What I'd Like To See: Trent's Trip To The Learning Tree

This week, the Houston Texans will face a sort of Bizarro version of themselves in Mike Shanahan's Washington Redskins. First of all, let's throw out that talk about let-down game. The Texans and Redskins both won big home openers against divisional rivals, so I expect both teams are at the same emotional state. Both teams also run some similar schemes, at least offensively, due to the Gary Kubiak-Mike Shanahan relationship. Again, it's another wash. The defenses aren't going to be surprised, so their execution will go a long way in determining the outcome on Sunday.

Last week, I talked about attacking a scheme with a specific offensive gameplan, but this week I'm talking about attacking a player. The key match-up should be Super Mario Williams versus Trent "Silverback" Williams in a Denver-East/South Heavyweight match-up for title of "Best Williams on the Field." What do I want to see? I want to see Mario use his experience and tools of the trade to take the Silverback to the learning tree.

Pull a jumpman and land on the other side of this post to get the details on why this match-up matters and how it could go on Sunday.

 

As I said before, the Texans and Redskins run similar schemes, as Gary Kubiak is a disciple of Mike Shanahan. Nothing these two teams throw at each other should confuse the other. I believe this game comes down to desire and talent. No one personifies those two words more than Texans DE Mario Williams.

This past Sunday, the man whose desire has often and dumbly been questioned - Mario Williams - lived in the Indianapolis backfield. He had a sack, consisting of two half sacks, and hit Mr. Peyton Manning five times while throwing in a couple more pressures. Mario also had two solo tackles at or behind the line of scrimmage on early run plays. There was pressure on Super Mario to deliver, and he had one of his career-best performances (eye-test, not statistically).

This week, Mario takes on Redskins rookie LT Trent Williams. This past Sunday night, Silverback Williams took on Cowboys LB, and premiere NFL pass rusher, DeMarcus Ware. Watching the game, Ware managed a sack and two hits on the quarterback but could not manage consistent pressure. The Silverback seems to be up to the challenge of protecting the blind side, but Sunday is his first crack at a dominant NFL defensive end.

Watching Williams, he's the perfect left tackle for Mike Shanahan's scheme. He's athletic enough to block downfield, moves his feet well, can really keep up with an outside speed rush, and will only get better, but, as is to be expected, Trent showed moments of vulnerability in his first professional start.

Yes, he's a rookie, so there will be an occasional false start, and Trent also had a moment or two where he got beat by some of Ware's best speed. Silverback also had a little bit of trouble defending the spin move, as Ware was able to go outside-in on him on a few of his successful plays. The big problem I saw with Trent, at least in that one game, is that he has to learn how to use his hands better because it appeared that Ware could knock away his hands with ease. Luckily for Trent, Ware's a speed rusher, but if a lineman can get his hands on an opposing player, then he has control and should be able to do as he pleases. I felt that if Ware had utilized more bull rushes and rip moves that he'd have gotten more consistent pressure, as opposed to trying to run around the athletic Trent Williams.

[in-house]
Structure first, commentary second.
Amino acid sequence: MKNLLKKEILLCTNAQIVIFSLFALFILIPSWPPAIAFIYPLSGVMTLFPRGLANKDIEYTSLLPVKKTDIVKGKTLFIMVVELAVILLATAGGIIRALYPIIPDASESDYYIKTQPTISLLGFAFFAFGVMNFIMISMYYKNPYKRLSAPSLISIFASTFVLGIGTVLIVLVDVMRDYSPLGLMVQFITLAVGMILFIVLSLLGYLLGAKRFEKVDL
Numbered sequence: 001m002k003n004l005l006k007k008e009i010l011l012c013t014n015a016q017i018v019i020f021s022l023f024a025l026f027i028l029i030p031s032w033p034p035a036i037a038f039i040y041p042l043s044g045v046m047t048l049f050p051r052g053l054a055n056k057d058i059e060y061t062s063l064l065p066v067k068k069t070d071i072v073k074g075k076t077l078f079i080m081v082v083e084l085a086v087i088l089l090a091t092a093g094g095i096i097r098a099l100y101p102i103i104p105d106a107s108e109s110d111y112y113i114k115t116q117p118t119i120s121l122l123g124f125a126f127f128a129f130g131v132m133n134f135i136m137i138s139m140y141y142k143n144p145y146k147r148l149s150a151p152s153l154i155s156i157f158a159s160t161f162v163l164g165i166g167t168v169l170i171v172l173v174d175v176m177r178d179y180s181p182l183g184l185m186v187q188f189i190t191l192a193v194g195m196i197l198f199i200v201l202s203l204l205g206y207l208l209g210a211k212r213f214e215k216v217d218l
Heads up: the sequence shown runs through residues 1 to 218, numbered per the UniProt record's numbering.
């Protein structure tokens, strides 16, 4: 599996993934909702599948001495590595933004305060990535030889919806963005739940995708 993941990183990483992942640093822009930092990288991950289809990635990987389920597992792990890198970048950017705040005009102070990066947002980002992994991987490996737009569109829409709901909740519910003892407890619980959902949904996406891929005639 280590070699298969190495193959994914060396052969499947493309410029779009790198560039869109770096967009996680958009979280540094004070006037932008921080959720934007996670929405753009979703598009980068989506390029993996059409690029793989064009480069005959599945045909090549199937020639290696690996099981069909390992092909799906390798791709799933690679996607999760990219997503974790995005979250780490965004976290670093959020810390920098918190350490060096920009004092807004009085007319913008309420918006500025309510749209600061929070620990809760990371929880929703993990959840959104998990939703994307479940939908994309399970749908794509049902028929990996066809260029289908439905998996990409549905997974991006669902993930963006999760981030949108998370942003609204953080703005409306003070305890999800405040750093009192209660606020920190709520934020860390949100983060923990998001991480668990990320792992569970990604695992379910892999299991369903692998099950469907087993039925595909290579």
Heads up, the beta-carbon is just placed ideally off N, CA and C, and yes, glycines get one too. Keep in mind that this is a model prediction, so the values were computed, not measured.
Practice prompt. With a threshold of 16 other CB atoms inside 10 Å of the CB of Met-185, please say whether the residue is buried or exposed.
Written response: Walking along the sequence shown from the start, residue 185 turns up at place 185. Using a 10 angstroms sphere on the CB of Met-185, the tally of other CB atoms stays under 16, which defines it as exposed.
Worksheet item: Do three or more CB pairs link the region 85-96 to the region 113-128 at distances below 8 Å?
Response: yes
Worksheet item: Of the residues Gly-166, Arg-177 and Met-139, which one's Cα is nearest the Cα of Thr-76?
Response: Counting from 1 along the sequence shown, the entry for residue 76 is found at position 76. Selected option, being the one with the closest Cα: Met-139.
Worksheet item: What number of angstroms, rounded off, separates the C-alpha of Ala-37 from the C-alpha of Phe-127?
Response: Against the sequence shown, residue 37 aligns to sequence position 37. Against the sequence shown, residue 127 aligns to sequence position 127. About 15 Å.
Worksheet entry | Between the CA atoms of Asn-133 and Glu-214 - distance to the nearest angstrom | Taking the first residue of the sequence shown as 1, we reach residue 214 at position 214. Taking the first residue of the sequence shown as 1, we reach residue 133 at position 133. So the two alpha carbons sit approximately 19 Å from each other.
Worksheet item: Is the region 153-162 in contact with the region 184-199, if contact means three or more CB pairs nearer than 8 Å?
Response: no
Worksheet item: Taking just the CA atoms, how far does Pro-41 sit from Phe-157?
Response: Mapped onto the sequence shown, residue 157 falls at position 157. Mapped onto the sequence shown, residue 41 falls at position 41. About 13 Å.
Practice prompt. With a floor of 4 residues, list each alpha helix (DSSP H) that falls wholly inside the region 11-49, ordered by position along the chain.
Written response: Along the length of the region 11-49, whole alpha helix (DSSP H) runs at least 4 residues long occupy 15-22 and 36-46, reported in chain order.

The rookie is beatable, and Mario is going to have to beat him if the defense is to have a successful day. The secondary is still a bit of an unknown - yes, unknown since Peyton Manning is Peyton Manning, and he'll shred anyone - so they'll depend on pressure to make their jobs easier. The simplest way to have defensive success is to harass the quarterback consistently. While there will be stunts, I hope Mario keeps the attack simple. Watching the Dallas game, Mario's best weapons appear to be using his power with a rip or bull-rush, as opposed to trying to circle Trent.

I think Trent Williams will be an outstanding left tackle, but Sunday's a big learning moment for him. While Mario will have to be mindful of his gap assignment against a zone-blocking run attack, I would like to see an active Super Mario eat a mushroom and notch, at least, a combined seven pressures, hits, and sacks on Redskins QB Donovan McNabb. If Mario can hit that target number, then I really like the defense's chances of stopping McNabb and the Redskin offense.

That's what I'll be watching and hoping to see on Sunday, but what about you faithful BRBers? Where do you see the Texans gaining the upper-hand on Washington? Chime in below with what you think will win the game.


Post-script: I realize that describing line play, something that is hard to see with the camera focus on the ball, is hard to grasp with words, so here are some videos that talk about and show the moves and techniques mentioned in this post. I know everyone is on a different level as far as knowledge of football jargon and technique, but hopefully these help with the understanding of the jargon-heavy information.

The Spin Move
The Rip Move
The Bull Rush
ESPN Feature on Pass-Rushing
And a Mario video I like
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